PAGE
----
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County taxes target of meeting tonight
Local lawmakers will hold town hall meetings to discuss changing the property tax system before a June 12 special session.
By DAVID DECAMP
Published June 6, 2007
Tasked with defending Pasco County's property taxes from cut-happy lawmakers, Pasco County budget director Mike Nurrenbrock said he'll wear something that allows him to have a target on his back.
He was half-joking.
He doesn't need to wear anything special to have a target on his back at public meetings tonight and Thursday about cutting property taxes.
Lawmakers called the town hall meetings in preparation for a special legislative session beginning June 12.
The first meeting is 6 p.m. today at the historic county courthouse in Dade City, hosted by state Sen. Victor Crist, R-Tampa, and state Rep. Will Weatherford, R-Wesley Chapel.
A meeting of Pasco's full legislative delegation will be 6 p.m. Thursday at the auditorium of Pasco-Hernando Community College in New Port Richey.
Leaders in the House and Senate have made it clear forcing counties and cities to cut property taxes is their goal.
"At some point, we've got to set property taxes based on what people can afford - not on what government thinks it needs," said Weatherford, a member of the Legislature's joint committee on property taxes.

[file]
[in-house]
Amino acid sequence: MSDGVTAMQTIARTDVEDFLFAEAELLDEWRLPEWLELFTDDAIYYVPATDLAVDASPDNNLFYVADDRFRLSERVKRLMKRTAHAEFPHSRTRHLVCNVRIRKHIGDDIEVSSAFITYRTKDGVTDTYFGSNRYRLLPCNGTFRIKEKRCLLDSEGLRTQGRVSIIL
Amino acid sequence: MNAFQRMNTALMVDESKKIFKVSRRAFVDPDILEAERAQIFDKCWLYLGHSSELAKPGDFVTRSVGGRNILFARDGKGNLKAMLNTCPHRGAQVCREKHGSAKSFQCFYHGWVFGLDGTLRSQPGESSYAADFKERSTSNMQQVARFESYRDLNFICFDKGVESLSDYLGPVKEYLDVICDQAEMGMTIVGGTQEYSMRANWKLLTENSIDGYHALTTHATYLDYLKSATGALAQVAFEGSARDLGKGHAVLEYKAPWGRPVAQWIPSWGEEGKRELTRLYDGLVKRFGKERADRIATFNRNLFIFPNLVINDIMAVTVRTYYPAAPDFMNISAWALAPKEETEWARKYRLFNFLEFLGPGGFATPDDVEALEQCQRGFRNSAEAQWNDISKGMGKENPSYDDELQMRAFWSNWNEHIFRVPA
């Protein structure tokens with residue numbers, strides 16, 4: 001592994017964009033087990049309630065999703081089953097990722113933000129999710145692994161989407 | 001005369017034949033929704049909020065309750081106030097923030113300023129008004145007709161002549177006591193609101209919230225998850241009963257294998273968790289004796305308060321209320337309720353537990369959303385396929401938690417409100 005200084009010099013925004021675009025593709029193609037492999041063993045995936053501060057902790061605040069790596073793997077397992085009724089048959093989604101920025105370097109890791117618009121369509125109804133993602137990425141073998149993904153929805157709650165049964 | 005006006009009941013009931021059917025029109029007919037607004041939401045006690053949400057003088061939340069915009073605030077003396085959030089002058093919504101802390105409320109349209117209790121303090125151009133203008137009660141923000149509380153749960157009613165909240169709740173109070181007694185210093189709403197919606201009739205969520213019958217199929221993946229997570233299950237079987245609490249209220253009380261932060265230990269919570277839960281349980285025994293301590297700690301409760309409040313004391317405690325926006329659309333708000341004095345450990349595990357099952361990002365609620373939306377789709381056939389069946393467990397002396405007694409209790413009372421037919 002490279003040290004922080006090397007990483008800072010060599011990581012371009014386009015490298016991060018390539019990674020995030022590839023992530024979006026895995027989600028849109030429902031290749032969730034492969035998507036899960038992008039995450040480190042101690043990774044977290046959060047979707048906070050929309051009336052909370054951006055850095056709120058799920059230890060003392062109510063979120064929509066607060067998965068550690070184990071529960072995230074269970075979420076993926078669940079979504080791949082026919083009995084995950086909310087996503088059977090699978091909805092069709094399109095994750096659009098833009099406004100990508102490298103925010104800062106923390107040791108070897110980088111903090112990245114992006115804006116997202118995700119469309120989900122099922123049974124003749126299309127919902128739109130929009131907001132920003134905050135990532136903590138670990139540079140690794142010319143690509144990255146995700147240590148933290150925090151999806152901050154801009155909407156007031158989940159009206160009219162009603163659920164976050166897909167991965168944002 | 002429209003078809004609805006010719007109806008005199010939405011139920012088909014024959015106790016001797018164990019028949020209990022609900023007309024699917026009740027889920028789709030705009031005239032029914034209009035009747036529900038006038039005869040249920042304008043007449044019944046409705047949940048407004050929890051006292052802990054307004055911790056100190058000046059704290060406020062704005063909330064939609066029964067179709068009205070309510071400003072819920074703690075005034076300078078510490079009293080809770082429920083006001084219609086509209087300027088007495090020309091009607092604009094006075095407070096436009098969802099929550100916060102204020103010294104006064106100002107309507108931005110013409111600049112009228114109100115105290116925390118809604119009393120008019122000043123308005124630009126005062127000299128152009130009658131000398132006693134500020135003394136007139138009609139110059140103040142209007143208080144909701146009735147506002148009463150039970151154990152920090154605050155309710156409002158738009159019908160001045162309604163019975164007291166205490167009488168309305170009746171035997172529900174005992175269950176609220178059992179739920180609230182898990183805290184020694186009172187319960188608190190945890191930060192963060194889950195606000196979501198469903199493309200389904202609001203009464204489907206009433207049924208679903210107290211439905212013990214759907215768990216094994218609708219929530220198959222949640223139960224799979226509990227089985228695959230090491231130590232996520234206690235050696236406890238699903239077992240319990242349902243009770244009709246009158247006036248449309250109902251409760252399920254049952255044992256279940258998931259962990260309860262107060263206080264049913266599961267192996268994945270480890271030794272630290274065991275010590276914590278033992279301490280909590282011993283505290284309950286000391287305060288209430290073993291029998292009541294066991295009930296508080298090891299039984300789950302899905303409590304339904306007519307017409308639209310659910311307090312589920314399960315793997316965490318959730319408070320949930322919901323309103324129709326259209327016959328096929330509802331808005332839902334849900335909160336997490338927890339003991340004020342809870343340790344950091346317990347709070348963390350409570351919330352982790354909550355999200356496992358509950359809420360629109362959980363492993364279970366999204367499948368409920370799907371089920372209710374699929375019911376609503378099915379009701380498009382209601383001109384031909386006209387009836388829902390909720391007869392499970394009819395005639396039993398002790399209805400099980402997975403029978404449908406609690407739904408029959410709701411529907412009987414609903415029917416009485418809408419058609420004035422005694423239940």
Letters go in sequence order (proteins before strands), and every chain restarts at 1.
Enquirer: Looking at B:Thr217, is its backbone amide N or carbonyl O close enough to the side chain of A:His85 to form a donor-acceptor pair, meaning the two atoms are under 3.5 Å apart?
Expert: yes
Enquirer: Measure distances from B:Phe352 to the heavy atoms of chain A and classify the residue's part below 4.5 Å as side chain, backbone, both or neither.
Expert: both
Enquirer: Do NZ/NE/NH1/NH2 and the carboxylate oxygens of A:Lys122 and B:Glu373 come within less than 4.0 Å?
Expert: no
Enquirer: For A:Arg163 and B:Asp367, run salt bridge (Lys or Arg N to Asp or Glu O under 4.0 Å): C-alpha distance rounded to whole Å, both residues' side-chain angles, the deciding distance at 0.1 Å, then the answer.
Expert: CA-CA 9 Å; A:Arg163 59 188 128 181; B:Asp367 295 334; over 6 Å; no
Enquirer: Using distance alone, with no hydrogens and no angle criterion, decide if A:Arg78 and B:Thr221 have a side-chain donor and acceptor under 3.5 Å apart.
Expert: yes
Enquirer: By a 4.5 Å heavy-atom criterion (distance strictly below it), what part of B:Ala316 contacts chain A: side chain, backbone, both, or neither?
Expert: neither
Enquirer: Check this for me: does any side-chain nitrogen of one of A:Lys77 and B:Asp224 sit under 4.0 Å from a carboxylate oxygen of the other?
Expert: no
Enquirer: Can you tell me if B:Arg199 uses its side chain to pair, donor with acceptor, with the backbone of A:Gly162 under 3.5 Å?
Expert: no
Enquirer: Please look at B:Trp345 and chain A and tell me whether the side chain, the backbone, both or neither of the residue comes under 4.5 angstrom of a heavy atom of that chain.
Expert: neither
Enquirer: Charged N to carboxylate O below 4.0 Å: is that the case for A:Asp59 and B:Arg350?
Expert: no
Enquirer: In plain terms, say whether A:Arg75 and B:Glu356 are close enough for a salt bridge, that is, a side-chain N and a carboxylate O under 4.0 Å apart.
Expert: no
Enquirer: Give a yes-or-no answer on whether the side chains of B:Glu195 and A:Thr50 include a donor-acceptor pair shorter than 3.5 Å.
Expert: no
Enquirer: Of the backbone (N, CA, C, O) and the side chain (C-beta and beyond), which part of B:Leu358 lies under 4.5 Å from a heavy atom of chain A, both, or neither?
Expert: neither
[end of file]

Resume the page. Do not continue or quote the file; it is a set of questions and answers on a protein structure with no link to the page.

However, Nurrenbrock said he'll explain why the county's increased bounty of property taxes is not a bad thing. Pasco received $180-million this year, up 38 percent over the last decade when adjusted for inflation. Total spending has gone up 76 percent, to a record $1.1-billion this year.
However, the county has cut its property tax rates so that many homeowners are paying less than they did six years ago.
The big number tied to the total budget obscures the fact that less than one-fifth of spending is with property taxes, Nurrenbrock said. The county has little control over the other money to pay for services like libraries and parks.
Weatherford highlighted the budget increases to defend tax cuts. Pressed by a reporter, he acknowledged not all of the spending boon is from property taxes.
"The way you look at it is, Pasco County, in comparison to the rest of the state, has been very prudent. Not perfect, but very prudent," Weatherford said.
Nurrenbrock said county officials have struggled with the effects of possible property tax cuts because they do not know specifically how much could be cut. Leaders in the Legislature have not released details, but county officials say cuts would hurt services.
Instead, the county began a near-total hiring freeze late last month, and department heads are making plans in case 10 percent cuts are needed. Proposed budgets for departments are expected to be based on no increase in money.